The European Commission (EC) proposed the effort sharing list to reduce greenhouse gas emissions targets for Member States from 2021-2030 for the transport, buildings, agriculture, waste, land-use and forestry sectors, which accounted for nearly 60% of the total emissions of the European Union (EU) in 2014. The framework contains a binding target to cut emissions by 40% by 2030 compared to 1990 levels into national targets for the 28 member states.
The national reduction targets range from 0% in the case of Bulgaria to 40% as in Luxembourg and Sweden, and “are realistic, fair and flexible,” the European Commissioner for Energy and Climate Action, Miguel Arias Cañete, said. The goals for 2030 are based on per capita GDP of each member country, which guarantees a “fair system” because EU countries with more wealth have higher goals than the other.
Together with last year’s proposal for the revision of the EU Emission Trading System (ETS) and today’s climate-related legislative proposals will steer Europe’s low-carbon transition and respond to the commitments made by the European Union countries under the Paris Agreement on climate change.
So countries, Arias Cañete said, can “set the right incentives to unleash investments in sectors like transport, agriculture, buildings and waste management.”
Luxembourg and Sweden are the only countries which have been required to reduce its emissions by 40%. Denmark and Finland should cut them by 39%, Germany 38% France and the United Kingdom 37% each, the Netherlands and Austria must cut emissions by 36%, Belgium 35%, Italy 33% and Ireland 30%. At a EU level, it cannot represent more than 100 million of tones of CO2 between 2021 and 2030.
In order to stimulate additional action in the land use sector, this proposal permits up to 280 million tones CO2 to be credited from certain land categories to be used for national targets over the entire period from 2021-2030. Land use and forestry – which include our use of soils, trees, plants, biomass and timber – can thus contribute to a robust climate policy. The European Commission now incorporates land use and forestry into the EU’s emission-reduction efforts for the first time. The actions of forest owners and farmers to secure carbon stored in forests and soils will thus contribute to achieving the EU’s commitment under the Paris Agreement on climate change.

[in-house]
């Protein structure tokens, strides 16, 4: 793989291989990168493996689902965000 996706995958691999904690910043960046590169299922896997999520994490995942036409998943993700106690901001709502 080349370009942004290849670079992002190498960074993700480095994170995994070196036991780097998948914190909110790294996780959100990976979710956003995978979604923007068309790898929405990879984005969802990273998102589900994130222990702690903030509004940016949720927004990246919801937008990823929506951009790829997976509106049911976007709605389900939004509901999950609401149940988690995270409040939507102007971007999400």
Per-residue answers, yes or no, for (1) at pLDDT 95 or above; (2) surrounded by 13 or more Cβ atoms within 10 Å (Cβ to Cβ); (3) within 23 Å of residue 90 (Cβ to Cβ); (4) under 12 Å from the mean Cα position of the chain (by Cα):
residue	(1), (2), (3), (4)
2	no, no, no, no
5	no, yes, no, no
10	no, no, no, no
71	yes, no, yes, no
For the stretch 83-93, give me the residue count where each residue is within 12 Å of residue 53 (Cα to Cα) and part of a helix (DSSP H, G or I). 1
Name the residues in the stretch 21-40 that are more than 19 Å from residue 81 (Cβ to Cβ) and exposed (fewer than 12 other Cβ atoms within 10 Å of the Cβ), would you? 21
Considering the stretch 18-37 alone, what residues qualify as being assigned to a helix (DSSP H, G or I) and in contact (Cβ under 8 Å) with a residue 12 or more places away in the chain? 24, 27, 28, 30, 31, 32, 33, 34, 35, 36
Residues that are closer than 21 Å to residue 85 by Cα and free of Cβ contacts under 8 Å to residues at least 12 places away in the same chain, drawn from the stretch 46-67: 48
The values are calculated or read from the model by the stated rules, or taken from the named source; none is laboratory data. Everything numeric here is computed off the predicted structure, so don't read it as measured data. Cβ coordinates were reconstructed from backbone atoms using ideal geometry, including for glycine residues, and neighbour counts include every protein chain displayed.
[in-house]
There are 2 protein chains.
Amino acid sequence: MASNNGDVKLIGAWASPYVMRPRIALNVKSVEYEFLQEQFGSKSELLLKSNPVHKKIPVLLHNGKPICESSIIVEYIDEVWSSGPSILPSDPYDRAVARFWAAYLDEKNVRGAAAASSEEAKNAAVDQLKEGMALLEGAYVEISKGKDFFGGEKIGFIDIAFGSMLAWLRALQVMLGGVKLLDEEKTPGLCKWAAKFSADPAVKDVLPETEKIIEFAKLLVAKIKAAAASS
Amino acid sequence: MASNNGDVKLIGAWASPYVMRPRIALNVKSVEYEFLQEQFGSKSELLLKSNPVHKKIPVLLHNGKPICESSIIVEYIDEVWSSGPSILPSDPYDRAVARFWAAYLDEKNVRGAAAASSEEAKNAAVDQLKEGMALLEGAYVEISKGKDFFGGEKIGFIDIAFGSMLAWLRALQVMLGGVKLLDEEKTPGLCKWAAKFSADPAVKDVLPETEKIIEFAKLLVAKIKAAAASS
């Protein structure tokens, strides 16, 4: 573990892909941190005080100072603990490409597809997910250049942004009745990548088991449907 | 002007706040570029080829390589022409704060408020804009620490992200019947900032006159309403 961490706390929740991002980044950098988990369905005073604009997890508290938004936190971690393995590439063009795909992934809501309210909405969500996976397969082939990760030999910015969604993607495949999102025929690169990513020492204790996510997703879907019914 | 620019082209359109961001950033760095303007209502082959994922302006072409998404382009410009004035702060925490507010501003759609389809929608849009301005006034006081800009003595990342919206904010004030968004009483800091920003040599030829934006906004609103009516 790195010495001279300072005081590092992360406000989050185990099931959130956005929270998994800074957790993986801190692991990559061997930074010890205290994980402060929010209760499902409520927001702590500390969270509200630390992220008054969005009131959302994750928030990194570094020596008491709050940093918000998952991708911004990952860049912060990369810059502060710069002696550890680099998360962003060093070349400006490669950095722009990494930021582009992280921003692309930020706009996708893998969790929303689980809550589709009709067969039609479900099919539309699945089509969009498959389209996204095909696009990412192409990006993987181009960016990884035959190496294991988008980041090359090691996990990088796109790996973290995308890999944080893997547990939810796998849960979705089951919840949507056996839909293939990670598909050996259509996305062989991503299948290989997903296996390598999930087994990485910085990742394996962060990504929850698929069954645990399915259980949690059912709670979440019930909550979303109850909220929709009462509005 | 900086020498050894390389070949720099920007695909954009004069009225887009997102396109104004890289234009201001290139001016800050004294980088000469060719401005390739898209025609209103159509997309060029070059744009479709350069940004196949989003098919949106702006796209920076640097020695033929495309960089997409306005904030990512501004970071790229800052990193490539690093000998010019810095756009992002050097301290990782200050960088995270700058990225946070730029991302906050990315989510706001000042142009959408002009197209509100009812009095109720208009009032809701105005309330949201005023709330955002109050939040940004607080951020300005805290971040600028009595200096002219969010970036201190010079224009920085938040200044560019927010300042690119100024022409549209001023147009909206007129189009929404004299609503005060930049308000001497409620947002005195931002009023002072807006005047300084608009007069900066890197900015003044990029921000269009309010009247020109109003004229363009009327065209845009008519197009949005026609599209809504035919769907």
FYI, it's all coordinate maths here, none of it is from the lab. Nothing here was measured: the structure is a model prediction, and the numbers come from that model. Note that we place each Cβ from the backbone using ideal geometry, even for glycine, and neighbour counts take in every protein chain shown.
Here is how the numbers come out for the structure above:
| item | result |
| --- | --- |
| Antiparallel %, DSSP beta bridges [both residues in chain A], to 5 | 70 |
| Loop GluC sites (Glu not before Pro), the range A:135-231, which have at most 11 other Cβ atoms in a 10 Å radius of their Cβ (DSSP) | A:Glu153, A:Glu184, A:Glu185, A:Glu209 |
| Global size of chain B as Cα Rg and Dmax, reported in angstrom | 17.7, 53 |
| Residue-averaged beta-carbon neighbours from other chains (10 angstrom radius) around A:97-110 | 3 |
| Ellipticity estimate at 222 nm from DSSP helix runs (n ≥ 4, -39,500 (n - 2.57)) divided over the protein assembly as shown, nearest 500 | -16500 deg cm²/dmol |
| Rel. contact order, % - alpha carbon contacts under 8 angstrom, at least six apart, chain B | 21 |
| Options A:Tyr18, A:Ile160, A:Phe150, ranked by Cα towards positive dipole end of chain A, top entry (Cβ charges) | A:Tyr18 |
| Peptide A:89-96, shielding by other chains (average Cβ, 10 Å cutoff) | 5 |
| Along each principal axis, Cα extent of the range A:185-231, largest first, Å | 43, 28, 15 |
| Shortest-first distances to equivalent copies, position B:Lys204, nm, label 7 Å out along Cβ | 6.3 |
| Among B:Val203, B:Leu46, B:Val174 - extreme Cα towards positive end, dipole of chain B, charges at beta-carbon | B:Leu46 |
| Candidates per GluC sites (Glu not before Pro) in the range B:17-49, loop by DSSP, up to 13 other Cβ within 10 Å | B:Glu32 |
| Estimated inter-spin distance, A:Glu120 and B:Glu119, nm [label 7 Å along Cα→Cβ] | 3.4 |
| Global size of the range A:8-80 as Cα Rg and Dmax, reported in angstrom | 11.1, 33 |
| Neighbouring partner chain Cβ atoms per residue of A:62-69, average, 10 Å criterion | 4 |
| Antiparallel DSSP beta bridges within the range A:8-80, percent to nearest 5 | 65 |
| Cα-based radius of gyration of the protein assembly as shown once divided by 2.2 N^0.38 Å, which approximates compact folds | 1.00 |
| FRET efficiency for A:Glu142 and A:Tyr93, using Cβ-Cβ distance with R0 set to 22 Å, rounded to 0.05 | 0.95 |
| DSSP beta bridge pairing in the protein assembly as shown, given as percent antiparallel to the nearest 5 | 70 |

The number of credits which can be used by each Member State is included in the proposal. All Member States have access to these credits for compliance while access is higher for Member States with a larger share of emissions from agriculture.
The proposal includes the land use sector in the 2030 climate and energy framework, and will ensure the achievement of the commitments by the European Union and its Member States under the Paris Agreement on climate change. By the end of the year, the Commission intends also to present further initiatives on renewables, energy efficiency and internal energy market which form part of the Energy Union Strategy.